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Verme-Gibboney v. Hartford Insurance Co.

United States District Court, Third Circuit

December 16, 2013

CATHERINE VERME-GIBBONEY, Plaintiff,
v.
THE HARTFORD INSURANCE COMPANY, et al., Defendants.

MEMORANDUM OPINION AND ORDER [Doc. No. 42]

JOEL SCHNEIDER, Magistrate Judge.

This matter is before the Court on plaintiff's "Motion to Compel Discovery." [Doc. No. 42]. The Court received defendant's response [Doc. No. 44], plaintiff's reply [Doc. No. 48], and held oral argument. The issue to be addressed generally concerns the scope of discovery plaintiff is entitled to in this ERISA case. For the reasons to be discussed, plaintiff's motion is DENIED.

Background

Defendant insured plaintiff through an employee welfare benefit plan, which provides long term disability ("LTD") benefits to participants. In July 2008, plaintiff was placed on disability by her treating physician and sought LTD coverage. Defendant initially accepted plaintiff's claims and provided LTD benefits but on January 14, 2010, defendant terminated the benefits. See Amended Compl. ΒΆΒΆ 7, 8 [Doc. No. 11]. Plaintiff filed a claim with defendant to have her LTD benefits reinstated but defendant denied the request. Plaintiff appealed the decision. After the appeal was denied plaintiff filed this action in the Superior Court of New Jersey seeking damages and reinstatement of her LTD benefits. Defendant subsequently removed the case to this Court.

This is plaintiff's second Motion to Compel Discovery. On October 24, 2012 [Doc. No. 33] the Court denied plaintiff's first motion which asked the Court to Order defendant to respond to her interrogatories, documents requests and deposition notice. In its Order the Court found that since plaintiff's plan granted discretionary authority to the administrator to determine eligibility benefits, defendant's decision to terminate plaintiff's LTD benefits "must be reviewed under an arbitrary and capricious standard." Order at 4. The Court, therefore, denied plaintiff's request that defendant respond to her "de novo discovery" directed to the merits of defendant's decision to terminate plaintiff's benefits. The Court also ruled:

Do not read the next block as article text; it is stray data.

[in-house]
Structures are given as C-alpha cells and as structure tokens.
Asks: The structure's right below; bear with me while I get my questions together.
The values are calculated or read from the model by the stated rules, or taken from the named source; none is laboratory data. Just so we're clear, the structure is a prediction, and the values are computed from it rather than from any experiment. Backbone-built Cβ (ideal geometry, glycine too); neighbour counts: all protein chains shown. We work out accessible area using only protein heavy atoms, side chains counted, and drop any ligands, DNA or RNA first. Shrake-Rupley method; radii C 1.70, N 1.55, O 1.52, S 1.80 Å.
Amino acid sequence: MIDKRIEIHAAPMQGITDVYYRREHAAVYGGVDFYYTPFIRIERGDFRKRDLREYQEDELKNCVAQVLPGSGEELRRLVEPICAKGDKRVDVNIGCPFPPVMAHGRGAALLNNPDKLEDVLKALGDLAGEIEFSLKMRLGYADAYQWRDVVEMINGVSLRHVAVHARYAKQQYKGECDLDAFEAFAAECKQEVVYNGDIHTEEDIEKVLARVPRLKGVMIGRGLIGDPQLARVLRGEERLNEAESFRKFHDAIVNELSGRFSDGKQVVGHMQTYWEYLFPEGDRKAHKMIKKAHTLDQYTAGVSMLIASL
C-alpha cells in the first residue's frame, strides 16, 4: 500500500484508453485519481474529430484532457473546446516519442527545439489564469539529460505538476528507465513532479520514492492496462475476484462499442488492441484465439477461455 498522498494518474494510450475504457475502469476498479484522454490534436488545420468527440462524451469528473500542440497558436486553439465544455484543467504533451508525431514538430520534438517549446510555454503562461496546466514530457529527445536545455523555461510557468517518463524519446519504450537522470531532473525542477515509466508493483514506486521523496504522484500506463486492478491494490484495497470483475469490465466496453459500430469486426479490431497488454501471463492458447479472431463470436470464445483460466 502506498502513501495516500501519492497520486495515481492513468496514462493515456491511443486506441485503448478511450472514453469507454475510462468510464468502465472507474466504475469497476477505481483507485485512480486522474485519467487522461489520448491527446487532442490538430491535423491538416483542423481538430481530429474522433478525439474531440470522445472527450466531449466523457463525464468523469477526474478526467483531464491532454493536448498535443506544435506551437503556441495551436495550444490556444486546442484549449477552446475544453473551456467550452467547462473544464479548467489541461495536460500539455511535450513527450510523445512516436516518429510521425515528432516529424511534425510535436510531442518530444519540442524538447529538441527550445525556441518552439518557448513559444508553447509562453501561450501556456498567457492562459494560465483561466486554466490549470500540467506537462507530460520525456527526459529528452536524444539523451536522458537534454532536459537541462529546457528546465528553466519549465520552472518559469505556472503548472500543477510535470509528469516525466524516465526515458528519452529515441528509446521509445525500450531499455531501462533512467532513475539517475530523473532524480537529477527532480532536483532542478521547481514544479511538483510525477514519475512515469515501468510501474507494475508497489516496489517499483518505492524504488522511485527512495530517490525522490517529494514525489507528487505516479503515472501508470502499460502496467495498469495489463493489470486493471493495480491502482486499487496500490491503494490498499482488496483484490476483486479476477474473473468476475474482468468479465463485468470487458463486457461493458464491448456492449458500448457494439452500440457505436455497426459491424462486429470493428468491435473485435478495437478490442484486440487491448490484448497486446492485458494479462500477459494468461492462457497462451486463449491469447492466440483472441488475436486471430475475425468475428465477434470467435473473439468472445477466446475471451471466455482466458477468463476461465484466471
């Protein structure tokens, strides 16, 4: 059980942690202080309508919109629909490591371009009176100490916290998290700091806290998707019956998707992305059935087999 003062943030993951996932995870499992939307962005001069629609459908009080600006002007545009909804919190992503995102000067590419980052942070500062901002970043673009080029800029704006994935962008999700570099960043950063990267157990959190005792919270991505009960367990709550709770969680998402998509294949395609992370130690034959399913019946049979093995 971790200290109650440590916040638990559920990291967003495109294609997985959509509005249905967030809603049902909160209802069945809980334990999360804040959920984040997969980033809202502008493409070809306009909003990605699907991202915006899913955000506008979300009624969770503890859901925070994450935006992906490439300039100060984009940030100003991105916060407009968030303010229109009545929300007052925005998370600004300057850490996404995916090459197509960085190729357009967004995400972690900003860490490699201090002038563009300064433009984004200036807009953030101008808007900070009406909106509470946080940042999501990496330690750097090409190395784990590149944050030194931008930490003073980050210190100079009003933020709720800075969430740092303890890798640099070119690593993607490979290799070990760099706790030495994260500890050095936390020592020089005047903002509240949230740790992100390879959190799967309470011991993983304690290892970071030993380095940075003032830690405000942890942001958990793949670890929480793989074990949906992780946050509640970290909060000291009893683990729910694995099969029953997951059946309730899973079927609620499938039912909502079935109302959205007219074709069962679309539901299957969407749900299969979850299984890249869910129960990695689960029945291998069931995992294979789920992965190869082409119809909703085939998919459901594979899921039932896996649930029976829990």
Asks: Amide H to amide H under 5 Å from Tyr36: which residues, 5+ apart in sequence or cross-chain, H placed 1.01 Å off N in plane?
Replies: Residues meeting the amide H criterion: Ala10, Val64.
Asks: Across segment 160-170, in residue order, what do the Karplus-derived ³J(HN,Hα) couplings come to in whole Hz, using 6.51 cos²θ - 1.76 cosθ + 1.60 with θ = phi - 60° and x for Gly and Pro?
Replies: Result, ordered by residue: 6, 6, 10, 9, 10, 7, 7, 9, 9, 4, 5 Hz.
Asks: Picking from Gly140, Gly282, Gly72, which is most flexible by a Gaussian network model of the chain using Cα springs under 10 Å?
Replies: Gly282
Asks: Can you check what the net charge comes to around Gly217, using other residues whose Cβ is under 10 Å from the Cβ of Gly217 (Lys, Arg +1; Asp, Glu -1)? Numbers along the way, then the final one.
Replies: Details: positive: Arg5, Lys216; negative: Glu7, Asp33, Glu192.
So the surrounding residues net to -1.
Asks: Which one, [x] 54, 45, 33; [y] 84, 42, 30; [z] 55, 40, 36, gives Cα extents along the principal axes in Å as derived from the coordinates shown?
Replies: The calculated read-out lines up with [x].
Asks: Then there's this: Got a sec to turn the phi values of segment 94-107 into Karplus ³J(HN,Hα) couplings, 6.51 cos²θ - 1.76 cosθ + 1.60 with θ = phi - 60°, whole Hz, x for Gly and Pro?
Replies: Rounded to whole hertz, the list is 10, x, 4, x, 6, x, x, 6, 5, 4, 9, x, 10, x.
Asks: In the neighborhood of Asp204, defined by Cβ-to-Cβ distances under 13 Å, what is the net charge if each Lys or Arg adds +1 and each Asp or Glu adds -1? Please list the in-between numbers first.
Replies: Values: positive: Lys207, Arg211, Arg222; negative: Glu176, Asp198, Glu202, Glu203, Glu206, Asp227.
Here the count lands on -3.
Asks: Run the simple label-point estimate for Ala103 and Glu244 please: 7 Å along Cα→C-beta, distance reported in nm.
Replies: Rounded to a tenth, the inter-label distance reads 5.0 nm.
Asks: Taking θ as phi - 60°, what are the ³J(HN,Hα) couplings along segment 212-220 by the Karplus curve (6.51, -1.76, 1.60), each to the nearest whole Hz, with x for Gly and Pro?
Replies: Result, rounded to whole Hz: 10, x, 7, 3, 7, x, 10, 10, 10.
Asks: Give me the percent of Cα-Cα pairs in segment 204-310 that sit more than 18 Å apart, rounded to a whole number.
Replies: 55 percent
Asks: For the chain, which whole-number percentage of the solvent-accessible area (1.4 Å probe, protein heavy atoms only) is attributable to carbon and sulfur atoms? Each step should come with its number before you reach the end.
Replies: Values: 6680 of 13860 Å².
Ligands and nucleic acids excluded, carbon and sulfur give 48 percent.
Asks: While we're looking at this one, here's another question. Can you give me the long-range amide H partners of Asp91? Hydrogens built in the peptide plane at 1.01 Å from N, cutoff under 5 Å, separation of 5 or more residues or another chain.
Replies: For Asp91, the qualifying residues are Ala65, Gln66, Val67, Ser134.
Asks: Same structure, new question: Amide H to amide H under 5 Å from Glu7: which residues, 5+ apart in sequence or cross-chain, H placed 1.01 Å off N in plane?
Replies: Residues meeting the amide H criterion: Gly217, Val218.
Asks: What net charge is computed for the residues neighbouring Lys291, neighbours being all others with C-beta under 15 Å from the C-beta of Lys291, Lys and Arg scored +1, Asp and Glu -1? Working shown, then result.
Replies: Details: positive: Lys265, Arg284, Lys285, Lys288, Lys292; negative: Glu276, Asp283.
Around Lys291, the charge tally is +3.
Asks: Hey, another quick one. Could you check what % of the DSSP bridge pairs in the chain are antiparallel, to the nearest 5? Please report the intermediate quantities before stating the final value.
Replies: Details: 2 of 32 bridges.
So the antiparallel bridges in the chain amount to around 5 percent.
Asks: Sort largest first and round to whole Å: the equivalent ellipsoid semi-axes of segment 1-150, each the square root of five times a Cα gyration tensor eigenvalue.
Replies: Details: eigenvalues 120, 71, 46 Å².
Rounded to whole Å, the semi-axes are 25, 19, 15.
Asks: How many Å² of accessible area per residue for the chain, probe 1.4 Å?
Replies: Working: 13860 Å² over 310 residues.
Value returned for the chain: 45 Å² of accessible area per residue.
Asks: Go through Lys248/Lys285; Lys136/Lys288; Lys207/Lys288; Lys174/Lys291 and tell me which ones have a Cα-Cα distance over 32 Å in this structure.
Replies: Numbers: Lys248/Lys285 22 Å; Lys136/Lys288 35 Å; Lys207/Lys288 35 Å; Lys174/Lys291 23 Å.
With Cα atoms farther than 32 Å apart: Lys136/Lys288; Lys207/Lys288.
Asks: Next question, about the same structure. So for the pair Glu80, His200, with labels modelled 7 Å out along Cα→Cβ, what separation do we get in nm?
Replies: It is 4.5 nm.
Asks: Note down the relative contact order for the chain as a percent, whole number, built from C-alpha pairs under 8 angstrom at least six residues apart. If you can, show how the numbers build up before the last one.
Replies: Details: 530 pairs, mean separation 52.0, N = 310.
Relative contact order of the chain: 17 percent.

[P]laintiff may conduct limited discovery to determine the scope of defendant's conflict and the extent to which the conflict may have affected the administrator's determination about plan eligibility.... However, discovery should only be permitted to fill gaps in the administrative record. If the administrative record adequately explains the procedures used to prevent or mitigate a conflicts problem, limited discovery is not permissible.

Order at 6.

Following up on the Court's October 24, 2012 Order, plaintiff served defendant with interrogatories and a corporate designee deposition notice. Defendant served objections and responses to the interrogatories, and objected to the deposition notice.[1] Plaintiff argues her discovery is designed to "fill in the gaps of the administrative record to determine whether or not the potential conflict of the arbitrator, and/or what and how said individual insulated and/or isolated themselves." March 3, 2013 Letter Brief ("LB") at 2. Defendant argues it provided plaintiff with all the relevant information it was required to produce. Defendant's Brief states: